With the rising cost of a college education, students across the country are having to make difficult financial decisions when it comes to finding the funding to complete their degrees. That increasingly means students face forced cuts living expenses, including food. And that includes students on Virginia public college campuses.
According to a recent report produced by the College and University Food Bank Alliance (CUFBA) and the National Student Campaign Against Hunger and Homelessness, the trend of food insecurity is growing among the college student population. The report, titled “Hunger on Campus,” revealed that out of 3,765 students surveyed on 34 college campuses, including Virginia Commonwealth University, 48 percent, or 1,800 students, reported food insecurity in the previous 30 days.
“The rising cost of a college education and the increasing number of nontraditional students mean that more students are living on a shoestring budget,” the report says. “Many of today’s students must find a way to provide for their own living expenses while also paying for their education.”
Food insecure students are those whose quality, variety and desirability of food are negatively impacted as well as those who have face disrupted eating patterns due to limited access to adequate food.
Of the food insecure students in the study, 32 percent believed that hunger or housing problems had an impact on their education. These students reported a range of consequences including:
- 55 percent reported that these problems caused them to not buy a required textbook.
- 53 percent reported missing a class.
- 25 percent reported dropping a class.
And being on a meal plan doesn’t mean students don’t face hunger.
“Among the respondents from four-year colleges, 43 percent of meal plan enrollees still experienced food insecurity,” the report says.
That’s where CUFBA comes in. The organization’s nearly 430 member institutions are combating student hunger with food pantry programs at colleges and universities across the country. Several higher education institutions in Virginia are among those working to end student hunger with food programs on campus, including George Mason University, Virginia Commonwealth University, Old Dominion University and Virginia Tech.
The trend of food insecurity on college campuses is the confluence of a number of factors. More and more college students are working full-time while pursuing their degree to help make ends meet. And those students often cannot afford a variety of healthy food or are one paycheck away from being limited in the food they can buy.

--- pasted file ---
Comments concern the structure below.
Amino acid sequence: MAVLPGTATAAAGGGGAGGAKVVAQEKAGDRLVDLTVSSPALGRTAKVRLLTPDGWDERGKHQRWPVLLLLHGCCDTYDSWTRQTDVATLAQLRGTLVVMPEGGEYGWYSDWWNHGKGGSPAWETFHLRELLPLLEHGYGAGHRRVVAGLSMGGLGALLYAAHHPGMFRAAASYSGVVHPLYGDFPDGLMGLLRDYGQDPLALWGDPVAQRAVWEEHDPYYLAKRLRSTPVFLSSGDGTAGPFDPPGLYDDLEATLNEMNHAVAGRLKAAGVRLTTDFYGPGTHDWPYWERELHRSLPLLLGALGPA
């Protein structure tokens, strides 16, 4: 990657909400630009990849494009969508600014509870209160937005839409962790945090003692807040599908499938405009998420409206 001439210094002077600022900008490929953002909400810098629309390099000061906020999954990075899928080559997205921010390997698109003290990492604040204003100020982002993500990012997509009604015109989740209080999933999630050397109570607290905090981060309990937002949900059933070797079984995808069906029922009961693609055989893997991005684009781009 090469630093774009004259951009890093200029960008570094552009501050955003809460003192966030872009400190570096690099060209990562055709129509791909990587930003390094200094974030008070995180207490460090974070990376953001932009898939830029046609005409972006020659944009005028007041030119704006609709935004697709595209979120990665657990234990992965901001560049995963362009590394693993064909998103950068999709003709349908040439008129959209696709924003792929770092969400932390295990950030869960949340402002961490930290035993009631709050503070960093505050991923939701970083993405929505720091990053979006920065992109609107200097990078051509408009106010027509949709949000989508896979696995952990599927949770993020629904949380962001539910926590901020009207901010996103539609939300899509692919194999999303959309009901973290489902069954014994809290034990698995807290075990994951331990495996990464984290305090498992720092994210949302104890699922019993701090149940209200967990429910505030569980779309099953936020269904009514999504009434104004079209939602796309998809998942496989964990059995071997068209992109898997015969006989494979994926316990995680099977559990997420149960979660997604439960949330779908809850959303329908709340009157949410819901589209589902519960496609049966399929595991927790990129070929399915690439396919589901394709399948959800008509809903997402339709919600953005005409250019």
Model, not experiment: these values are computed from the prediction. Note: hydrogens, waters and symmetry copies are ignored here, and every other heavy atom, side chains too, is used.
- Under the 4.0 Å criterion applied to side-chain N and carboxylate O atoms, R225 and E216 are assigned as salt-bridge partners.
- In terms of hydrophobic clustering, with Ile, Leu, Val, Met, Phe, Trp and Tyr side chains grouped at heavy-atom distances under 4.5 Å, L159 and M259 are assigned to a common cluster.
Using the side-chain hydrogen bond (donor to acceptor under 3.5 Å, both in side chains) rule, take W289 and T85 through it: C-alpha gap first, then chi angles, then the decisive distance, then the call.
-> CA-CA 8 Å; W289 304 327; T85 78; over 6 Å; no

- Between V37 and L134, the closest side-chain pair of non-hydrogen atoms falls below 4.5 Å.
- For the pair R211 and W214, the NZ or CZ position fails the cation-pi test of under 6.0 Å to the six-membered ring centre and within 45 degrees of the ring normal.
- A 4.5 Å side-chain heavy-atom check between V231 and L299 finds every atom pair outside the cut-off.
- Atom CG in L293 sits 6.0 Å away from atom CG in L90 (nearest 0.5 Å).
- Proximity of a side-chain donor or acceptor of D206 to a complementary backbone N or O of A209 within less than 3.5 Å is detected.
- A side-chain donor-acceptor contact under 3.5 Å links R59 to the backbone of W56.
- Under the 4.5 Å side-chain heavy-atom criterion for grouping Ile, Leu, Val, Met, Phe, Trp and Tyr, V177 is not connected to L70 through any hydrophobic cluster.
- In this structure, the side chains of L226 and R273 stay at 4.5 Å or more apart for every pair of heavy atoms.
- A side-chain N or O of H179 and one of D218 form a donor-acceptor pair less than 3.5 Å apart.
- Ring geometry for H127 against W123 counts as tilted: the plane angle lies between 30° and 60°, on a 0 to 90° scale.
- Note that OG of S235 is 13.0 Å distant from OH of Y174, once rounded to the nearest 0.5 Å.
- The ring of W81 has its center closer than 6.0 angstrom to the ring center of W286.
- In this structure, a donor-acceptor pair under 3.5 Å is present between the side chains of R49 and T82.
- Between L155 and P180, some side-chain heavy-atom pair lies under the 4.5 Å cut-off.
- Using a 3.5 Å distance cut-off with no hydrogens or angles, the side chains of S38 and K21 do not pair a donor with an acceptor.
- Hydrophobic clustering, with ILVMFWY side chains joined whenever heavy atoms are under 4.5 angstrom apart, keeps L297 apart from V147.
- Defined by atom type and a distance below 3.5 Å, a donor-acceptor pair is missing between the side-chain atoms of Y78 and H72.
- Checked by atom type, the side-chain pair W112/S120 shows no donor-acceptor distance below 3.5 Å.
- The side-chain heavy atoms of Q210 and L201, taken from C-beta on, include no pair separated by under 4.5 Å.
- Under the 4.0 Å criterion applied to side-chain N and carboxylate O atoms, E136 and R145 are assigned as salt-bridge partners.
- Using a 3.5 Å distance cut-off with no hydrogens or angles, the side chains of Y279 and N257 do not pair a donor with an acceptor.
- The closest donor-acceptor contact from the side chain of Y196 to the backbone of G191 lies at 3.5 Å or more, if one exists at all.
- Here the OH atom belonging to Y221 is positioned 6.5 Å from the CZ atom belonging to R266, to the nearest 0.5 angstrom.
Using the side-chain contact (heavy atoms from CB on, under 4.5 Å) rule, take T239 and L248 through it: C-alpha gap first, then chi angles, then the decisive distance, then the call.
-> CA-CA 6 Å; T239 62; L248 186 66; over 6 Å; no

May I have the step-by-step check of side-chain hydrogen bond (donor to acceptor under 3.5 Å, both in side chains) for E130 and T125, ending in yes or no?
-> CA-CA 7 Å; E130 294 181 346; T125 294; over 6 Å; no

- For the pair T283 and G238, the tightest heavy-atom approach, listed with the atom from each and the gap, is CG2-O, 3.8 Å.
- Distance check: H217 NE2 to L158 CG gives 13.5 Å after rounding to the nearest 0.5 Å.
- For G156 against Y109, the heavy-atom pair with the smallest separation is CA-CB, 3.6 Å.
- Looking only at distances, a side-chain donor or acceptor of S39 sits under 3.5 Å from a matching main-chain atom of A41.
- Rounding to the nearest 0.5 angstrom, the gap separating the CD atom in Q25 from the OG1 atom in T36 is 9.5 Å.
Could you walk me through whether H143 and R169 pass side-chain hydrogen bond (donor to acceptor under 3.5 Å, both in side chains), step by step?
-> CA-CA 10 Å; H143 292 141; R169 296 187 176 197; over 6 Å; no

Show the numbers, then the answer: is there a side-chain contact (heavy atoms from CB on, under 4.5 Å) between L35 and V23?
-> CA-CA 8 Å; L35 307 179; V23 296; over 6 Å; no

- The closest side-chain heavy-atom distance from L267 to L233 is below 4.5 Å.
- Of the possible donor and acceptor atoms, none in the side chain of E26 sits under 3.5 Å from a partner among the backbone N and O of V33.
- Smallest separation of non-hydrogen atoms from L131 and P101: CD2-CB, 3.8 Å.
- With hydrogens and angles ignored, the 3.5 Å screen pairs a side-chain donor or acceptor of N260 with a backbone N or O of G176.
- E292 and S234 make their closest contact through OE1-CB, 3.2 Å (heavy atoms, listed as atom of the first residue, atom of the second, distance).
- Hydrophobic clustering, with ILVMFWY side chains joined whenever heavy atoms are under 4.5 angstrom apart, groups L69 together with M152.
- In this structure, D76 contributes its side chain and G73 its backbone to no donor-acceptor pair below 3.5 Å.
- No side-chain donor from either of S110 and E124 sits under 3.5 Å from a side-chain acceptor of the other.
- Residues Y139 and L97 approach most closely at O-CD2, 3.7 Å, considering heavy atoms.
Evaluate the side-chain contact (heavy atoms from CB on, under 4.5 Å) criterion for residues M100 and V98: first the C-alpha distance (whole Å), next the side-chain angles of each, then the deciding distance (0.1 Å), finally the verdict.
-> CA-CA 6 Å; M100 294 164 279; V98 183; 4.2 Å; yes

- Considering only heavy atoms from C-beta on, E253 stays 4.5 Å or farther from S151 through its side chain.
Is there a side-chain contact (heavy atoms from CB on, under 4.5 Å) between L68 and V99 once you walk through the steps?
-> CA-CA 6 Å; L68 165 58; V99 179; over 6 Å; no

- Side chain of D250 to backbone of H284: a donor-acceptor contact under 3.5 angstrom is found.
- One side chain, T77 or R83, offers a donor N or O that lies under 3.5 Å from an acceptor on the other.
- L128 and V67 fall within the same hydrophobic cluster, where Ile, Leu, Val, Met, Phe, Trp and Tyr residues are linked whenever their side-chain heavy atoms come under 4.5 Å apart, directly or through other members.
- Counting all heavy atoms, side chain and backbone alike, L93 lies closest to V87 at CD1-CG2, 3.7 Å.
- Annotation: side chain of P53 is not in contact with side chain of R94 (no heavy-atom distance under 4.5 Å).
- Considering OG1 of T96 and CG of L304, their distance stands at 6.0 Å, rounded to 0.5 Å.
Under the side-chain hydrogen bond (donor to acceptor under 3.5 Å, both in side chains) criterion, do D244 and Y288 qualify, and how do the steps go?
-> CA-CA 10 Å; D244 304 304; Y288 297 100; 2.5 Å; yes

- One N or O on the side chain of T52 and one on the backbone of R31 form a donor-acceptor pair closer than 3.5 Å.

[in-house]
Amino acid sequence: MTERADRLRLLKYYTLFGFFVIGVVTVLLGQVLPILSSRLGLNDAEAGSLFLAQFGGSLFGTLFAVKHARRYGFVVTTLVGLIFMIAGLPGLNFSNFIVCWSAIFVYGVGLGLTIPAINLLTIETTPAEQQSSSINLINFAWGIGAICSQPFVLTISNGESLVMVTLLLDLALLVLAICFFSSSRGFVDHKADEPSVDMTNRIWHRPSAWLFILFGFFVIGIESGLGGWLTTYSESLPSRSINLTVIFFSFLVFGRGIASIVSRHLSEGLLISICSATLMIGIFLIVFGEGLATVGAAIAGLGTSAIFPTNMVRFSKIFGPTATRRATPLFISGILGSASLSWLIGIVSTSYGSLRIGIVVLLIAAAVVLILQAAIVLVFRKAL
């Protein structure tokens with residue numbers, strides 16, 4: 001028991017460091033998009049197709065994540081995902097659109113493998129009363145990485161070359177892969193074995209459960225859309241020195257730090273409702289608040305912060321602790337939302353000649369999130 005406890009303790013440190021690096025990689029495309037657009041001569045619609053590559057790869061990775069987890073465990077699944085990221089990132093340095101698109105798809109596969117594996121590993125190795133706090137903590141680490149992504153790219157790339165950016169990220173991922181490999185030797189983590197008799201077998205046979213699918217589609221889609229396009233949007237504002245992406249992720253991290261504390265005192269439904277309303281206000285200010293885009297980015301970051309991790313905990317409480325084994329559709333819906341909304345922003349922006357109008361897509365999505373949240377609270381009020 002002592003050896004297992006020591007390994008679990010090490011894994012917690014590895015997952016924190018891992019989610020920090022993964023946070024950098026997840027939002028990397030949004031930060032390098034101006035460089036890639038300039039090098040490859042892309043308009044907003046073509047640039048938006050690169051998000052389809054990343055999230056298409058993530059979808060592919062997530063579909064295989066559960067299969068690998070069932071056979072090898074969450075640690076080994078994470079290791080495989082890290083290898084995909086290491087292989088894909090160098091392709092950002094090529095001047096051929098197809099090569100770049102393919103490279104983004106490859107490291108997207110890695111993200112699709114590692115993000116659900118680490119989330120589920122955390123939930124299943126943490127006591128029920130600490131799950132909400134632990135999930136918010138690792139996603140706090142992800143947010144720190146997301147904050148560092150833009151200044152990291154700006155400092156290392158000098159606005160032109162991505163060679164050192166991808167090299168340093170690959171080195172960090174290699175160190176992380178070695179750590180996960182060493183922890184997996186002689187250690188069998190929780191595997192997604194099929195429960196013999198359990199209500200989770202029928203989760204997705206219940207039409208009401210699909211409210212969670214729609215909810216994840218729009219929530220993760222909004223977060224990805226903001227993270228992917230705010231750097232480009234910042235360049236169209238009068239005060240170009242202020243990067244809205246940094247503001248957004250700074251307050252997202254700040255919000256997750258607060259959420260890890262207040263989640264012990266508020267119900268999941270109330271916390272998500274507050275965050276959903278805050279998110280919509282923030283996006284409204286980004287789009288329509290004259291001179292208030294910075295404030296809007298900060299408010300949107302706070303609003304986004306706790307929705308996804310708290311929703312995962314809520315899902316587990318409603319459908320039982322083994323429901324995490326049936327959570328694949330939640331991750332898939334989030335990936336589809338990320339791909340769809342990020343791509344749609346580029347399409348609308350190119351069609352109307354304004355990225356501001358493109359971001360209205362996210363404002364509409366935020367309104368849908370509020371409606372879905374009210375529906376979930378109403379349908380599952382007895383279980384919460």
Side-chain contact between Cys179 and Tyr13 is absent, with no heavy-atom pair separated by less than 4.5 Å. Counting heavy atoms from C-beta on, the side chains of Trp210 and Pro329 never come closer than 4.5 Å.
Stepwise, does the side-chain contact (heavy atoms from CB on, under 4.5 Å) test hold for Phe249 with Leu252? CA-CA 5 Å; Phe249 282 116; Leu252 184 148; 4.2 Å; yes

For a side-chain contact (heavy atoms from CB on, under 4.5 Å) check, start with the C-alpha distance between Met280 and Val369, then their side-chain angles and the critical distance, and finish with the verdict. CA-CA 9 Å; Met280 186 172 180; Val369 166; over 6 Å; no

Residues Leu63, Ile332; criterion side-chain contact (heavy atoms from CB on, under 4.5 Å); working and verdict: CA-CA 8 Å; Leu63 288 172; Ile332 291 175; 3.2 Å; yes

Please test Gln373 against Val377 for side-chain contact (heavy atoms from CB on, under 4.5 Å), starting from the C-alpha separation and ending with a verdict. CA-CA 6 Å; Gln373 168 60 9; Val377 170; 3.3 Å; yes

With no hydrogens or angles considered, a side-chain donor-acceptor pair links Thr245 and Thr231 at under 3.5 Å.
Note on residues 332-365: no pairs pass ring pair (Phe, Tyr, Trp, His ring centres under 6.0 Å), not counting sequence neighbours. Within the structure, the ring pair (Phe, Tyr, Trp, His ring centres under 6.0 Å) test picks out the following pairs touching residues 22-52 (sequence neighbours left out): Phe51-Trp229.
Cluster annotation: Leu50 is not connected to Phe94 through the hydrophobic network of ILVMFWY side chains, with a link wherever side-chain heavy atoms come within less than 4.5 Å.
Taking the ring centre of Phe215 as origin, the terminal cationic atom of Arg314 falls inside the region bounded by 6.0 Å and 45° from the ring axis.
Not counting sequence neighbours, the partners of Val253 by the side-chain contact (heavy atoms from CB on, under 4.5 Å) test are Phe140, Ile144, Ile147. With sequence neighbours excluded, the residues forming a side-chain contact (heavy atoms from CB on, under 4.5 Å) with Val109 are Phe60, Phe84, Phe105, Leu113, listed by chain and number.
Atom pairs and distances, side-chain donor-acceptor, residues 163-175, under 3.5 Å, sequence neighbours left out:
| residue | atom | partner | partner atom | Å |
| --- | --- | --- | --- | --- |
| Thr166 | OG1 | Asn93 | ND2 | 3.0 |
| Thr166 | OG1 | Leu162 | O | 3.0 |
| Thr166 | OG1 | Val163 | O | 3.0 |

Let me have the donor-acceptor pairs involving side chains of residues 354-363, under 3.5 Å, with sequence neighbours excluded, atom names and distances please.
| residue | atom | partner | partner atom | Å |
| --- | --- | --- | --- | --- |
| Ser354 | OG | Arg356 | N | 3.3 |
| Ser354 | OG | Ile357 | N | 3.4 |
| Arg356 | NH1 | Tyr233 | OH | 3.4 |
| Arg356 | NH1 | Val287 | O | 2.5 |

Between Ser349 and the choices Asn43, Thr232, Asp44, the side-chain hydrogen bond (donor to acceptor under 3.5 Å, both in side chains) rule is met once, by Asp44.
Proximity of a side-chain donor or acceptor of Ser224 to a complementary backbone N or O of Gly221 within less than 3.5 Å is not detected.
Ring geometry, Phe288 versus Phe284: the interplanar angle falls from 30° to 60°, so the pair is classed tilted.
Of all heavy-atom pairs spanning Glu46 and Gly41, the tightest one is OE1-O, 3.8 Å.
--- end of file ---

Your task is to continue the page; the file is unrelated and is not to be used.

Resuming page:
More traditional students have also become more vulnerable to food insecurity. The CUFBA website says “as college costs have risen and wages for the vast majority of workers have remained constant or decreased more ‘traditional’ college students (those who are 18-22) are facing the prospects of less (financial) support from home.”
A recent article in “U.S. News & World Report” asserts that college students are increasingly going hungry to cut costs as they work toward earning a degree. One study cited in the article found that even students from “elite institutions” were struggling to have adequate access to food. Some of those students, the article says, were “turning to off-campus food pantries and sometimes fainting from hunger.”
A December 2016 CNN Money report explores how the cost of college and student loans can affect a student’s budget. According to CNN, the average total cost of public college rose 10 percent over the past five years, while median family income rose about 7 percent during the same period.
With the cost of college continuing to rise faster than annual salaries, students and their families are facing hard choices about how to pay for college and keep costs in check.
Student loan debt in America now exceeds $1.3 trillion – a national embarrassment. We know that this debt figure also includes the outstanding debt of tens of thousands of Virginia students and their families. These examples of Virginia students who are struggling to pay for college should motivate our elected officials, who are currently convening in Richmond for the 2017 General Assembly, to make affordable public education in Virginia a reality this year.
At many Virginia colleges and universities, tuition increases over several years have risen far faster than inflation. It is time for the men and women who govern and manage these schools – along with the legislature that supports them with taxpayer dollars — to ensure affordable excellence at all Virginia institutions.
If you think so, too, contact your legislator to tell them so. To look up your legislator go to www.virginia.gov/services/whos-my-legislator/.